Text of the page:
If you’ve read my Fujifilm X-T3 review you’ll know that it’s capable of producing some superb images in-camera. However, there are times when you need to do a little editing to get exactly what you’re looking for. I saw the scene below as I was returning through a local woodland with my dog. A break in the cloud sent a shaft of sunlight through the trees and I ran a bit deeper into the woods to capture it. 

I dialled in -1EV exposure compensation and set the white balance to Shade, but the end result looks a little less autumnal than I had in mind. However, I knew I could get what I wanted with a little editing on the computer.

Fujifilm X-T3 raw files after 5 Minutes in Photoshop: Autumn woodland

As the image is a raw file, opening it from Adobe Bridge actually opens Adobe Camera Raw (ACR). This uses the same engine as Lightroom, but the controls are arranged a little differently. However, it’s easy to translate my ACR adjustments into Lightroom edits. Here are the steps I took:

  1. I shot the image with the Square format selected in the X-T3’s menu. However, you actually have the data from the whole sensor in the raw file. This means if you select the Crop tool in ACR, you can adjust the aspect ratio or cropping if you like. In this instance, I kept the same framing.
    Fujifilm X-T3 raw files after 5 Minutes in Photoshop: Autumn woodland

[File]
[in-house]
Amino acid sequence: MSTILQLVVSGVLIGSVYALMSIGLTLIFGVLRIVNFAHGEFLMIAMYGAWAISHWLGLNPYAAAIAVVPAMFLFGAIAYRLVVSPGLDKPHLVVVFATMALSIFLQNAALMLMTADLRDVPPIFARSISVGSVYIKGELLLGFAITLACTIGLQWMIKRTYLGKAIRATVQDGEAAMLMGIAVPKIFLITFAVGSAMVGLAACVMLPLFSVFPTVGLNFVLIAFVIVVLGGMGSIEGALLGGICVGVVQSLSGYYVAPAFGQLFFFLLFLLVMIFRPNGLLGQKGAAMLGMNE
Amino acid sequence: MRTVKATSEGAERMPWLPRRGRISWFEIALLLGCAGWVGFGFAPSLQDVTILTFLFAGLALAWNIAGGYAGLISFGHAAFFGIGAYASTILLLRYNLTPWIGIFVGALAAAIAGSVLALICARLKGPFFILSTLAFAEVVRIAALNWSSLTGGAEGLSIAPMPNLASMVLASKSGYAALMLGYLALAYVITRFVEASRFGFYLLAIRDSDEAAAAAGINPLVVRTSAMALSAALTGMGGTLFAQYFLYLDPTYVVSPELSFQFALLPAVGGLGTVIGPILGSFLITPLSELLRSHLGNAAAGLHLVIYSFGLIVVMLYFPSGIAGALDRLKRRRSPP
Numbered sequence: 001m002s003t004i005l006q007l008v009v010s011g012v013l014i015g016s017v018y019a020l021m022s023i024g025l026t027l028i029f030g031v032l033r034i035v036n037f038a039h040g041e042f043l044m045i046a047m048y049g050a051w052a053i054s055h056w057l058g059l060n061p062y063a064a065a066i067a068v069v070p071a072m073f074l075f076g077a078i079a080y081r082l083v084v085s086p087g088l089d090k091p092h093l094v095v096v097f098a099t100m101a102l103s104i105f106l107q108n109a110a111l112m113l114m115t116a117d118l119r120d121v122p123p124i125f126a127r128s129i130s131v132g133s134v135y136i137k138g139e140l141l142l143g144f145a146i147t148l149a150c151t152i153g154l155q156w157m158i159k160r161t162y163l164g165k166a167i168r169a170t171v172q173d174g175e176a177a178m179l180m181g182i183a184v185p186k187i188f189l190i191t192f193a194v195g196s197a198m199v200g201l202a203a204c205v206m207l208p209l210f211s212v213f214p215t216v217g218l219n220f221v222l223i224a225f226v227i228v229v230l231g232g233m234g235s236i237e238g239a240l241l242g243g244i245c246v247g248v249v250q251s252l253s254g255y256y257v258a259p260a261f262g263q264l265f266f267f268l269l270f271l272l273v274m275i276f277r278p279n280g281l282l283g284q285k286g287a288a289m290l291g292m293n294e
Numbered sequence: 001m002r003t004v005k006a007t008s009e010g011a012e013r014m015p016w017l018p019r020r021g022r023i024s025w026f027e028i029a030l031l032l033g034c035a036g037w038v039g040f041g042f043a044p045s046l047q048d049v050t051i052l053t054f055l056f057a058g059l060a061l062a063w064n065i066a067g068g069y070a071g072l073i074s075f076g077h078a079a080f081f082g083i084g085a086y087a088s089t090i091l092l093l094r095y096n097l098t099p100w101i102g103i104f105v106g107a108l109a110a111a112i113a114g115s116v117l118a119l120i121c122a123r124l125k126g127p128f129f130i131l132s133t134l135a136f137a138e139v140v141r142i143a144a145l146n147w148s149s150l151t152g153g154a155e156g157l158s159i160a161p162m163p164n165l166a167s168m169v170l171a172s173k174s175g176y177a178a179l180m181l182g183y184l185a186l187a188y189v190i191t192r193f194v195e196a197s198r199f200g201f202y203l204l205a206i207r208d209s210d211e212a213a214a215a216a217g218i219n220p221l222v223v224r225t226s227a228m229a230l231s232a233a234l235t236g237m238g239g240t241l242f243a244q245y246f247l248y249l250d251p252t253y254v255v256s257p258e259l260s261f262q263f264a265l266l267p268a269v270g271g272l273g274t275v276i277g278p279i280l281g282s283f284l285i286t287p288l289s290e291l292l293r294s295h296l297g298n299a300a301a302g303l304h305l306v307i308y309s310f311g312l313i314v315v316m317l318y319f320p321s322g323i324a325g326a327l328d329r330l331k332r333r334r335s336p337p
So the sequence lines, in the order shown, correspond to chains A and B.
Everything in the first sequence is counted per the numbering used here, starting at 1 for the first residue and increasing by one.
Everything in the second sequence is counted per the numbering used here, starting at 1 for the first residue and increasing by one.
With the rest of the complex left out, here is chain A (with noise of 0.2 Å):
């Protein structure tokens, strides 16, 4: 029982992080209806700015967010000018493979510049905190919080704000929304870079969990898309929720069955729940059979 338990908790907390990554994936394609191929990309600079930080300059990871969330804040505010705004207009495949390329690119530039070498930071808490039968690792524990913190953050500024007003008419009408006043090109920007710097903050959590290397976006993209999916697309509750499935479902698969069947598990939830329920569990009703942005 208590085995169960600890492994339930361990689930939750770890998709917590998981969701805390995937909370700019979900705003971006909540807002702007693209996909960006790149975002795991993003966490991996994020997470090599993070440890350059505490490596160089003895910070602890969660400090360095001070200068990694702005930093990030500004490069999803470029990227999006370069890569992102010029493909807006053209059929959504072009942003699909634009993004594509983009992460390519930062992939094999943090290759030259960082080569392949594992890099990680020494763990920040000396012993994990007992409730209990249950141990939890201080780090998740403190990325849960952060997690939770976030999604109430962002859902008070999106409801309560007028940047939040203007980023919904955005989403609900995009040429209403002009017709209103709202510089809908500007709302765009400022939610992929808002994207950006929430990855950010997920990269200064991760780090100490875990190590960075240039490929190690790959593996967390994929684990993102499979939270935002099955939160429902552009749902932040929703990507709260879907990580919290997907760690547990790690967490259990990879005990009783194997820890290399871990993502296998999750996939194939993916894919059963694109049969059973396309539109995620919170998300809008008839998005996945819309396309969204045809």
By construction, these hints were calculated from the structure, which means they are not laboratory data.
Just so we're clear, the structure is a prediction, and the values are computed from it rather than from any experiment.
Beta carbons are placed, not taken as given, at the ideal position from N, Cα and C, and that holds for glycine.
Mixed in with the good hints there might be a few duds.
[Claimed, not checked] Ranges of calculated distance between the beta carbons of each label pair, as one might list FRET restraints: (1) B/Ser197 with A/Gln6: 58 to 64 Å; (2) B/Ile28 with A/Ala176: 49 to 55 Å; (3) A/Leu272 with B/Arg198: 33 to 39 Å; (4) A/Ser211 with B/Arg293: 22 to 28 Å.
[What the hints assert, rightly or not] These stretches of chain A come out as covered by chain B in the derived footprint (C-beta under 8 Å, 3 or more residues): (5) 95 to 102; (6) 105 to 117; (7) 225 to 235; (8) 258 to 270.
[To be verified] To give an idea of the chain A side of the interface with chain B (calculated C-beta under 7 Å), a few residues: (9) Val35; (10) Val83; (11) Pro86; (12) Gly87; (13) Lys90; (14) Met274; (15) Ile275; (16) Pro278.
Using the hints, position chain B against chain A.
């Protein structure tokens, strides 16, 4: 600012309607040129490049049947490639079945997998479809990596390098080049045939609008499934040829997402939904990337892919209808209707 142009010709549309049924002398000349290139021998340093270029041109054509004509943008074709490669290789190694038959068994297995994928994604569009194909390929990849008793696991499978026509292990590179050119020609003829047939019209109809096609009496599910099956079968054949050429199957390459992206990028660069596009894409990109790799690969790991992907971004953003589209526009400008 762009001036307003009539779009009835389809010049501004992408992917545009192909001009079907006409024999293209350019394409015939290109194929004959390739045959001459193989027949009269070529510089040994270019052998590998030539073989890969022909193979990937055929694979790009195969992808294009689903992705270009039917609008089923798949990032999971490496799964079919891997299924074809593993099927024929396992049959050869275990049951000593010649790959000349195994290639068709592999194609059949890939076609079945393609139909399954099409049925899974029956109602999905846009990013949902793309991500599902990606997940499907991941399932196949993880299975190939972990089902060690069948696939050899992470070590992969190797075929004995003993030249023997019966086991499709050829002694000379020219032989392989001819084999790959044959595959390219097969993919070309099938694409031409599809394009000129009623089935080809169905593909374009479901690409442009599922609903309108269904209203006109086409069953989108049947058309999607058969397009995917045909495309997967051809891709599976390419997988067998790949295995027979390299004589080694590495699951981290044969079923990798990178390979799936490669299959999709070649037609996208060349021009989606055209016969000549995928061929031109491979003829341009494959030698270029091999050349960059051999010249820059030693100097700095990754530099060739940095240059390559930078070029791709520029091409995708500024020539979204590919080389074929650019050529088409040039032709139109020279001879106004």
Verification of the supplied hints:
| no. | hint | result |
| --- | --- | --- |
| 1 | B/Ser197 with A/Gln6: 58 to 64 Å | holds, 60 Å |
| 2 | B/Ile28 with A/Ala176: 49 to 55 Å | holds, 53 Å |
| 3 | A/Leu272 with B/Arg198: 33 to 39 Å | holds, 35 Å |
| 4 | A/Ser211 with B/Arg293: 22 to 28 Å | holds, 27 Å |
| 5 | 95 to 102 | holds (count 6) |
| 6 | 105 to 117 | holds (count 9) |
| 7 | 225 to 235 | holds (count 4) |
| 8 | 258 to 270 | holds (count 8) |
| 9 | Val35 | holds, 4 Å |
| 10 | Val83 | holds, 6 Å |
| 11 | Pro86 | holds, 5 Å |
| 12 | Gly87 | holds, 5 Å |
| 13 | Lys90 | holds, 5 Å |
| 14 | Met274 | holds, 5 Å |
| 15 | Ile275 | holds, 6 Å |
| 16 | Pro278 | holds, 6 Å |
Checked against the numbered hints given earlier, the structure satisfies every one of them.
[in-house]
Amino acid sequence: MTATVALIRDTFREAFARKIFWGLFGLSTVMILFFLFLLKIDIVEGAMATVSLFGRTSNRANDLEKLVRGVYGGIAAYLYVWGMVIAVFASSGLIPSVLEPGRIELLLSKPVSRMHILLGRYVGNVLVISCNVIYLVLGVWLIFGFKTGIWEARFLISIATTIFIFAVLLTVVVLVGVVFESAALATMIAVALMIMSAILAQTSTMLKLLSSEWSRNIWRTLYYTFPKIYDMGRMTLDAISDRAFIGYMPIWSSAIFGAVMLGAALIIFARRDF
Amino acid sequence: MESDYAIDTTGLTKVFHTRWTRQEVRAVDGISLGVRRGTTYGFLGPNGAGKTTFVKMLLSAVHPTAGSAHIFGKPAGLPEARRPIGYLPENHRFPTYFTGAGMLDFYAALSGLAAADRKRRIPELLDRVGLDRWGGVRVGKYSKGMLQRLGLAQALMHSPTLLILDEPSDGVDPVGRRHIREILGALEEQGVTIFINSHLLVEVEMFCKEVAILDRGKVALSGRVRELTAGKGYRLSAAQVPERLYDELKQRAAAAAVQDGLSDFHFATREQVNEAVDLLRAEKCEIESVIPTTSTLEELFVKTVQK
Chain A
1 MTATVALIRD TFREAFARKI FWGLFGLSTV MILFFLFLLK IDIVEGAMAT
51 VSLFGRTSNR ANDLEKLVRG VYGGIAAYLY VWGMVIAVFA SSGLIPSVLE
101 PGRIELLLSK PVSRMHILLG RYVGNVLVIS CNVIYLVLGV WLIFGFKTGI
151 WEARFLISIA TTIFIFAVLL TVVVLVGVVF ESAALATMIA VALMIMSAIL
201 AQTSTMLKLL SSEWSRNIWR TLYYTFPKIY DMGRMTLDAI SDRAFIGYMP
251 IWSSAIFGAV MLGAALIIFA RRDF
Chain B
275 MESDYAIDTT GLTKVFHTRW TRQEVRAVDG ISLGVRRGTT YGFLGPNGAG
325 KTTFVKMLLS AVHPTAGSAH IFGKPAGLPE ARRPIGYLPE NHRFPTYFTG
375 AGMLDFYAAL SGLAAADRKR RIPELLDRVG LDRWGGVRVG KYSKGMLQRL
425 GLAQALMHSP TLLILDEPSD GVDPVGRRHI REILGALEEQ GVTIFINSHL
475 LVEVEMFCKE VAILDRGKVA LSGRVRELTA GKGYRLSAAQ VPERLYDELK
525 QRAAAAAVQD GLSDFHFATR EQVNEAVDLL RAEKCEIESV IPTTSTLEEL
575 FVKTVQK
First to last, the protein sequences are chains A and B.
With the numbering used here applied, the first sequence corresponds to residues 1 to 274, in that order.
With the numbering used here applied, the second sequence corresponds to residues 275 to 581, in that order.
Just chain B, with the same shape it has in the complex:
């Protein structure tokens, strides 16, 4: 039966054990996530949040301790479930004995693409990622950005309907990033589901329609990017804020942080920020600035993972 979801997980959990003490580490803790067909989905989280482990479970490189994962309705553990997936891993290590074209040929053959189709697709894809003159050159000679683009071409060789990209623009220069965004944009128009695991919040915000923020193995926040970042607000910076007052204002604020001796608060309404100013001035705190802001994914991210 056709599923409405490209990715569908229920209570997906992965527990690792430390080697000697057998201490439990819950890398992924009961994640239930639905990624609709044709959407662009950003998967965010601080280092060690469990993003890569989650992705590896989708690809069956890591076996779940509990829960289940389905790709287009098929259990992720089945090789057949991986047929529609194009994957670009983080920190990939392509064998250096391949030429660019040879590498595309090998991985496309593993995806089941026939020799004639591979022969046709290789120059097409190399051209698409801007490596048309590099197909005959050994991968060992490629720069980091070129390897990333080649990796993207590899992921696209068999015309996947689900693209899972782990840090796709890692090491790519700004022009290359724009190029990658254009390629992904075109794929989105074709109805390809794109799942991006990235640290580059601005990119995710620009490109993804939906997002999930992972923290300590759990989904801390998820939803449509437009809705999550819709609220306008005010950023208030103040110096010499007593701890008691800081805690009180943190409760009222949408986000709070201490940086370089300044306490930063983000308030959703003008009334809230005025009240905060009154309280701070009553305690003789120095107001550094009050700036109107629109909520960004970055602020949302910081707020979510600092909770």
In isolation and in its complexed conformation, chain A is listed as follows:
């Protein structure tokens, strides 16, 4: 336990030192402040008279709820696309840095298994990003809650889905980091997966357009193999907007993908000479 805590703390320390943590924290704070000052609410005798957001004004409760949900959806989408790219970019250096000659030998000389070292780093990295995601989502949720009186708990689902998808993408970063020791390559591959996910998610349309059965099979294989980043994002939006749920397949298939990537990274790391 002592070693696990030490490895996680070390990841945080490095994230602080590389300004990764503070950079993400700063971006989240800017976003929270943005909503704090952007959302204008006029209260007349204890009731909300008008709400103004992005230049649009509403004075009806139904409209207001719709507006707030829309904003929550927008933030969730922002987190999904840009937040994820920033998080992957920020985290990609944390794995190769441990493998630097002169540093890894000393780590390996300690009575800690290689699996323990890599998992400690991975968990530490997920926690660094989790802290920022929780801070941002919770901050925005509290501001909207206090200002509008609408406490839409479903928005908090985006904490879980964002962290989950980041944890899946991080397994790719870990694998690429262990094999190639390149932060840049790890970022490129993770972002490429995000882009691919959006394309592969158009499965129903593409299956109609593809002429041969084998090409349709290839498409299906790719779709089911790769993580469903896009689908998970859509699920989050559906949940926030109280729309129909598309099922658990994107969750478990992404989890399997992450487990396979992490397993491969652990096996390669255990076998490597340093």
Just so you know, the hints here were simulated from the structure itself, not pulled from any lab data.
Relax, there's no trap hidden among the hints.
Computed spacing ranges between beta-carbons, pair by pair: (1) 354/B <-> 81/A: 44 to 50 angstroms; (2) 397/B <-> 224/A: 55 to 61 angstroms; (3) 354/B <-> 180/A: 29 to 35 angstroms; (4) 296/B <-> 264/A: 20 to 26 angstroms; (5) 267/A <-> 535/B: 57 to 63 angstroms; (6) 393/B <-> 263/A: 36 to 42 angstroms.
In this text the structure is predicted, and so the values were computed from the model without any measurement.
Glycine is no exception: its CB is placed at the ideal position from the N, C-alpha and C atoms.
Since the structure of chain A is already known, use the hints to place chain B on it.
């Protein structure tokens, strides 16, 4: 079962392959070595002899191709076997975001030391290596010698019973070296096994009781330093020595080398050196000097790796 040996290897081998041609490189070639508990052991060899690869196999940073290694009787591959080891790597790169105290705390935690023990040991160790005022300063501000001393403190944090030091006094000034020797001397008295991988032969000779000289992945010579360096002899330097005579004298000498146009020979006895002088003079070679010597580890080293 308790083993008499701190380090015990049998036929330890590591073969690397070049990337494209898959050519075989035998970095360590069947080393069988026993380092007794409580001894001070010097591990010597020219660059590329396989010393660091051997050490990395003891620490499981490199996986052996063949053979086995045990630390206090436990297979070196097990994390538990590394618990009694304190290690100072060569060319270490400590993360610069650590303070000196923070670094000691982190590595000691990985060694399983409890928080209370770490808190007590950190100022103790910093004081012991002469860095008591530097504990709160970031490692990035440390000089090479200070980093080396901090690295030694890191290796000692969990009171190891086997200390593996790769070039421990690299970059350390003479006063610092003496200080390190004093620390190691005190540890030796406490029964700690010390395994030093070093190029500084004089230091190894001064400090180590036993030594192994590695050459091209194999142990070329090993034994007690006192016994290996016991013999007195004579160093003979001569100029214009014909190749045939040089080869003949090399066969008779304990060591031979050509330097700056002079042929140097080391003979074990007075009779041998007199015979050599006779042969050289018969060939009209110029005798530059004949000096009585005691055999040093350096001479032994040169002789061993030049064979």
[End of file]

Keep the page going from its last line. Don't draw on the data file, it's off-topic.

2.  My first step was to adjust the exposure and contrast of the image. There are no rules here, I just adjusted the settings in the first tab of ACR until I got the result that I think works. In this case, I increase the colour temperature to 14000 and applied a tint of +18 in the white balance section. This warms the image.
    I wanted to emphasise the way the sunlight was cutting through the darkness of the wood, so I moved the Shadows slider to -30 and the Blacks to -44. I also took the overall exposure down very slightly (-0.1).
    Fujifilm X-T3 raw files after 5 Minutes in Photoshop: Autumn woodland
  3.  To give the woods an even warmer note I clicked on the fourth tab in the adjustments palette – HSL Adjustments. I then selected the Hue adjustments and adjusted the Yellows towards the red tones, taking them to -48. I also made the Greens more yellow by adjusting them to -53 as shown below.
    Fujifilm X-T3 raw files after 5 Minutes in Photoshop: Autumn woodland
  4.  My last step was to darken the area around the shaft of light even further. To do this, I selected the Adjustment Brush from the tools at the top of the image. I then increased the size of the brush to that shown below and reduced the Exposure to -1. I then painted over the top left and bottom right corners of the image, either side of the light. This adjustment was a bit too dramatic so I altered the exposure of the Brush to -0.45.
    Fujifilm X-T3 raw files after 5 Minutes in Photoshop: Autumn woodland
  5. As I was happy with the image, I clicked on ‘Save Image’ (in the bottom left corner of the screen above) and saved the image as a Jpeg. The final image is below.

Fujifilm X-T3 raw files after 5 Minutes in Photoshop: Autumn woodland

 

Here are a few more images from the Fujifilm X-T3 that have been processed in less than 5 minutes in Adobe Photoshop.

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Fujifilm X-T3 raw files after 5 minutes in Photoshop
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Fujifilm X-T3 raw files after 5 minutes in Photoshop
Description
The Fujifilm X-T3 produces some fabulous images in-camera, but with just 5 minutes in Photoshop (or Adobe Camera Raw) you can get just what you want.
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Camera Jabber
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